Tag: building blocks

CAN Submission: Cancun Building Blocks, October 2010

THE POST-COPENHAGEN ROAD

A fair, ambitious and binding deal is needed more urgently than ever. Climate science is more compelling by the day. Impacts are coming harder and faster. Disastrous flooding in Pakistan, heat waves and forest fires in Russia and hottest recorded temperatures around the globe, amongst other devastating climate-related events, all point to the need for urgent action. Levels of warming once thought to be safe, may well not be, 1.5˚C is the new 2˚C. 

Negotiations Post-Copenhagen
Copenhagen was a watershed moment for public interest and support for climate action – and people have not lost interest. More people in more countries than ever have put their governments on notice that they expect a fair,
ambitious and binding global deal to be agreed urgently. Trust-building is essential after the disappointment of Copenhagen. Developed country leadership must be at the core of trust building efforts. Countries must show
their commitment to the UNFCCC process by driving it forward with political will and flexible positions, rather than endless rounds of repetitive negotiations. Many countries are troublingly pessimistic for Cancun, and are working to lower expectations. While others, including countries most vulnerable to climate change, maintain high expectations.

Challenges ahead of Cancun
There are many challenges to getting a full fair, ambitious and binding deal at Cancun, including:

  • Lack of a shared vision for the ultimate objective of the agreement, and the equitable allocation of the remaining carbon budget and emissions reduction/limitation commitments;
  • Sharp divisions on the legal form of an eventual outcome;
  • Failure of the US Senate to pass comprehensive legislation this year; and
  • Current economic difficulties facing many countries, which make it difficult to mobilize the substantial commitments to long-term climate finance needed as part of any ambitious agreement. 

Positive moves afoot
However, more and more countries, both developing and developed, are stepping up their efforts to pursue low-carbon development and adaptation, despite the absence of an international agreement. This can be seen in a variety of ways:

  • Investments in renewable energies have continued their exponential growth, increasing to 19% of global energy consumed;
  • Progressive countries are working to move the negotiations forward;
  • There is a growing perception that low-carbon and climate-resilient development is the only option to sustainably ensure the right to development and progress in poverty reduction.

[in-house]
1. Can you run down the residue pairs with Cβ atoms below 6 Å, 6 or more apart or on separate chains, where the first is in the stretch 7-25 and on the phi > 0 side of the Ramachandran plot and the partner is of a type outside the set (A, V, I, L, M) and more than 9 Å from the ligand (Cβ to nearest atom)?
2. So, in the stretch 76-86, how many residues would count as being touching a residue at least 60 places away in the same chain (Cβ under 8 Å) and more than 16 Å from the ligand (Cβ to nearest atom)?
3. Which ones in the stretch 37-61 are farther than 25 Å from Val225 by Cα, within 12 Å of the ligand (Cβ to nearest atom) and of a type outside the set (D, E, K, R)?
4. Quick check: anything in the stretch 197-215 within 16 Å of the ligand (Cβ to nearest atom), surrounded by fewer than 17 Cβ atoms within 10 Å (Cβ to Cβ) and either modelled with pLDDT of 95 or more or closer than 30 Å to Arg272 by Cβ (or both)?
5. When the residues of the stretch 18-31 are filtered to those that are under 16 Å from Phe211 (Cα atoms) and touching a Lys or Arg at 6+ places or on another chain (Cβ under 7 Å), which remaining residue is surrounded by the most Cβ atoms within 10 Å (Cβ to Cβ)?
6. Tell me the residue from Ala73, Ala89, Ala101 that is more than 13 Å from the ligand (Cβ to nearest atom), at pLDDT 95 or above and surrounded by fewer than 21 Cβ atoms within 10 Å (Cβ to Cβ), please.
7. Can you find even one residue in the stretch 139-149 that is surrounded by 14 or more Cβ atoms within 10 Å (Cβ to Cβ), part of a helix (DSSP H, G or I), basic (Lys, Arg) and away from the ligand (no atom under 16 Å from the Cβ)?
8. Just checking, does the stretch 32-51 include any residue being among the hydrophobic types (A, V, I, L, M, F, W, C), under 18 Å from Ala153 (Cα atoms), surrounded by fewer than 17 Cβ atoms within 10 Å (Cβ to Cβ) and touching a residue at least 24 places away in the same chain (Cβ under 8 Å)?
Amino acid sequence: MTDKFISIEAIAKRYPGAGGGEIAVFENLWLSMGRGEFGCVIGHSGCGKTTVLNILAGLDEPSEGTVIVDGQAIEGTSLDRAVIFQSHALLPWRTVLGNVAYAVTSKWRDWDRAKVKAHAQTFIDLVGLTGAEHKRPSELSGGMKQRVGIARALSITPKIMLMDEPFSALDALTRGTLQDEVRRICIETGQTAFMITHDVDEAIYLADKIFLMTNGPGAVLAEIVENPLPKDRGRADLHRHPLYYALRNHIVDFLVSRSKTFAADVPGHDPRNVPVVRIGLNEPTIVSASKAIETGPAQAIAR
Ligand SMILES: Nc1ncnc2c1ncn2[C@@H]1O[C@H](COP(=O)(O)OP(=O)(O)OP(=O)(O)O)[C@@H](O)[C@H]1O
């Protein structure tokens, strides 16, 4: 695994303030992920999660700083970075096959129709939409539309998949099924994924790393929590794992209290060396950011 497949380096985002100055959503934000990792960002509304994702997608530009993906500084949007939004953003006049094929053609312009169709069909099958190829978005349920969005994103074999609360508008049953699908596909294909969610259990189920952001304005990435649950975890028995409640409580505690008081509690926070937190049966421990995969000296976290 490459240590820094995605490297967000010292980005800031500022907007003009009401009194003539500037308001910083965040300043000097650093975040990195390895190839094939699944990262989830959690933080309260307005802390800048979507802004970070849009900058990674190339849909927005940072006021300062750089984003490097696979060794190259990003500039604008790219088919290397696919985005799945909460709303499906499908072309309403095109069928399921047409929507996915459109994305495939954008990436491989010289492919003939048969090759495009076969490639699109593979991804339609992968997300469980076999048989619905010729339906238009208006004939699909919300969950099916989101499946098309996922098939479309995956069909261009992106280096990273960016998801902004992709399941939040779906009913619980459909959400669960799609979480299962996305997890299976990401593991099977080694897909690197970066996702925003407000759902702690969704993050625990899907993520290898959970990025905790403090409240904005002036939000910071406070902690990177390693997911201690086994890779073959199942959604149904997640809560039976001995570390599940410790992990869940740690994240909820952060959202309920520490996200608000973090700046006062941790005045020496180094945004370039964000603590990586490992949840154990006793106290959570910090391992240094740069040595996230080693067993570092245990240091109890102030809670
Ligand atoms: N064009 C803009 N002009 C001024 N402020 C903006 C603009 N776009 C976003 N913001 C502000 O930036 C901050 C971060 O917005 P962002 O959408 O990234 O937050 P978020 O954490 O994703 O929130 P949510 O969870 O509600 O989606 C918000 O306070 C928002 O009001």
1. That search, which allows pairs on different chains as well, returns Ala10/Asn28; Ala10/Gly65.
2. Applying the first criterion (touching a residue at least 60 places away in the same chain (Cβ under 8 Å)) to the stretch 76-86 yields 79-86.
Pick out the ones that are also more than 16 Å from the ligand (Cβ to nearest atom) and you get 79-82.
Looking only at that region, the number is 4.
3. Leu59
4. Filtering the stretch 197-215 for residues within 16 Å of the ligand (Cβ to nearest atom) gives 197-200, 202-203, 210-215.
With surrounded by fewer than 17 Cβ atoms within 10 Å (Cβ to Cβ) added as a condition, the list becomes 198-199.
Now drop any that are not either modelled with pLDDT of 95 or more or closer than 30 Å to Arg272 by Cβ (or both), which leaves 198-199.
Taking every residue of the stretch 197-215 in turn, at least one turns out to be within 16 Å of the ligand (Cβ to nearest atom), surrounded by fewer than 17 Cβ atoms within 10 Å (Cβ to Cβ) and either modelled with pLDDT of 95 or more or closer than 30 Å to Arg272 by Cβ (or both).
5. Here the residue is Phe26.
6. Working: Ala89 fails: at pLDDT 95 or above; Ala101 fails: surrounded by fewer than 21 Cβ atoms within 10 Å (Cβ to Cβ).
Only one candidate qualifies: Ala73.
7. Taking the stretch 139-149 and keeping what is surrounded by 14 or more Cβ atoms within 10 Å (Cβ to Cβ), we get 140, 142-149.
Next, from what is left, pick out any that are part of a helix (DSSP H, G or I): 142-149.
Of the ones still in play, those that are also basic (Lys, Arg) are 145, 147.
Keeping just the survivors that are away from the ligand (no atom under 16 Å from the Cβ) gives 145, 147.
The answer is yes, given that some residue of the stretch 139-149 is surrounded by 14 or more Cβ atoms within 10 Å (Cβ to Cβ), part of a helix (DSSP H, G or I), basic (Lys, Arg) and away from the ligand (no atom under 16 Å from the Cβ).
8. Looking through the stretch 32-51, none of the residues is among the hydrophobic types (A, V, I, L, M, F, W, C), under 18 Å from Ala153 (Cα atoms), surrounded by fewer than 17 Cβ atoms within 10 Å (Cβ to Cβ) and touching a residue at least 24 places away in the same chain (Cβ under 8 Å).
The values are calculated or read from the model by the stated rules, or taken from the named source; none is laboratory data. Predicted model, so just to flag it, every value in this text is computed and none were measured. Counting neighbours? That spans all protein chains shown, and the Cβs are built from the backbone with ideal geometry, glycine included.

So, what does a pathway forward look like?

Firstly we must learn the lessons of Copenhagen. The “nothing’s agreed until everything’s agreed” dynamic from Copenhagen could mean that nothing would be agreed in Cancun. An agreement in Cancun should instead be a balanced and significant step toward reaching a full fair, ambitious & binding deal at COP 17 in South Africa. This will require parties to work together in good faith to create sufficient gains at Cancun, and a clear roadmap to South Africa. This paper outlines how that could be achieved. 

Building Blocks for a Cancún Package: Presentation by CAN International

Media Advisory
October 6, 2010
Building Blocks for a Cancún Package
Presentation by CAN International
 
[Tianjin, China] CAN International will propose and detail a package of achievable
and fair decisions for countries to adopt at the upcoming UNFCCC talks in Cancún,
Mexico, on Wednesday, October 6, 18:00 – 19:30, in room Yinchuan, Meijing
Conference Centre, Tianjin, China.
 
Parties to the talks currently underway in Tianjin, China, are increasingly calling
for adoption of a “balanced package” in Cancún.  The Building Blocks proposal
by CAN International details the components that could plug into such a feasible
yet fair package, one that would provide the foundation for final deal a year later
in South Africa.  The Cancún Building Blocks proposal also provides a yardstick
for measuring the fairness and environmental integrity of any deal reached in
Cancún.
 
The presentation will include formal response by respondents from several
country delegations.
 
CAN panel:
 
• David Turnbull, CAN-International
 
• Wendel Trio, Greenpeace International
 
• Sandra Guzman, Centro Mexicano de Derecho Ambiental (CEMDA)
 
• Raju Pandit Chhetri, United Mission to Nepal (UMN)
 
• Niranjali Amerasinghe, Center for International Environmental Law (CIEL)  
 
What: Presentation of a fair, balanced and achievable package for Cancún  
 
Where: Room Yinchuan, Meijing Conference Centre, Tianjin
 
When: 18:00 – 19:30, Wednesday, Oct. 6
 
Who: CAN International representatives and respondents from country delegations
 
Climate Action Network (CAN) is a global network of over 500 non-governmental
organizations working to limit climate change to sustainable levels.  For more
information go to: www.climatenetwork.org.
 
Contact:  Hunter Cutting: +1 415-420-7498
 
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CAN Position: Les piliers de la négociation à Cancun: Résumé, November 2010

Le Réseau Action Climat- International (CAN-International)
Papier de position

 Les piliers de la négociation à Cancun: les étapes-clé vers un accord juridique équitable et ambitieux
 

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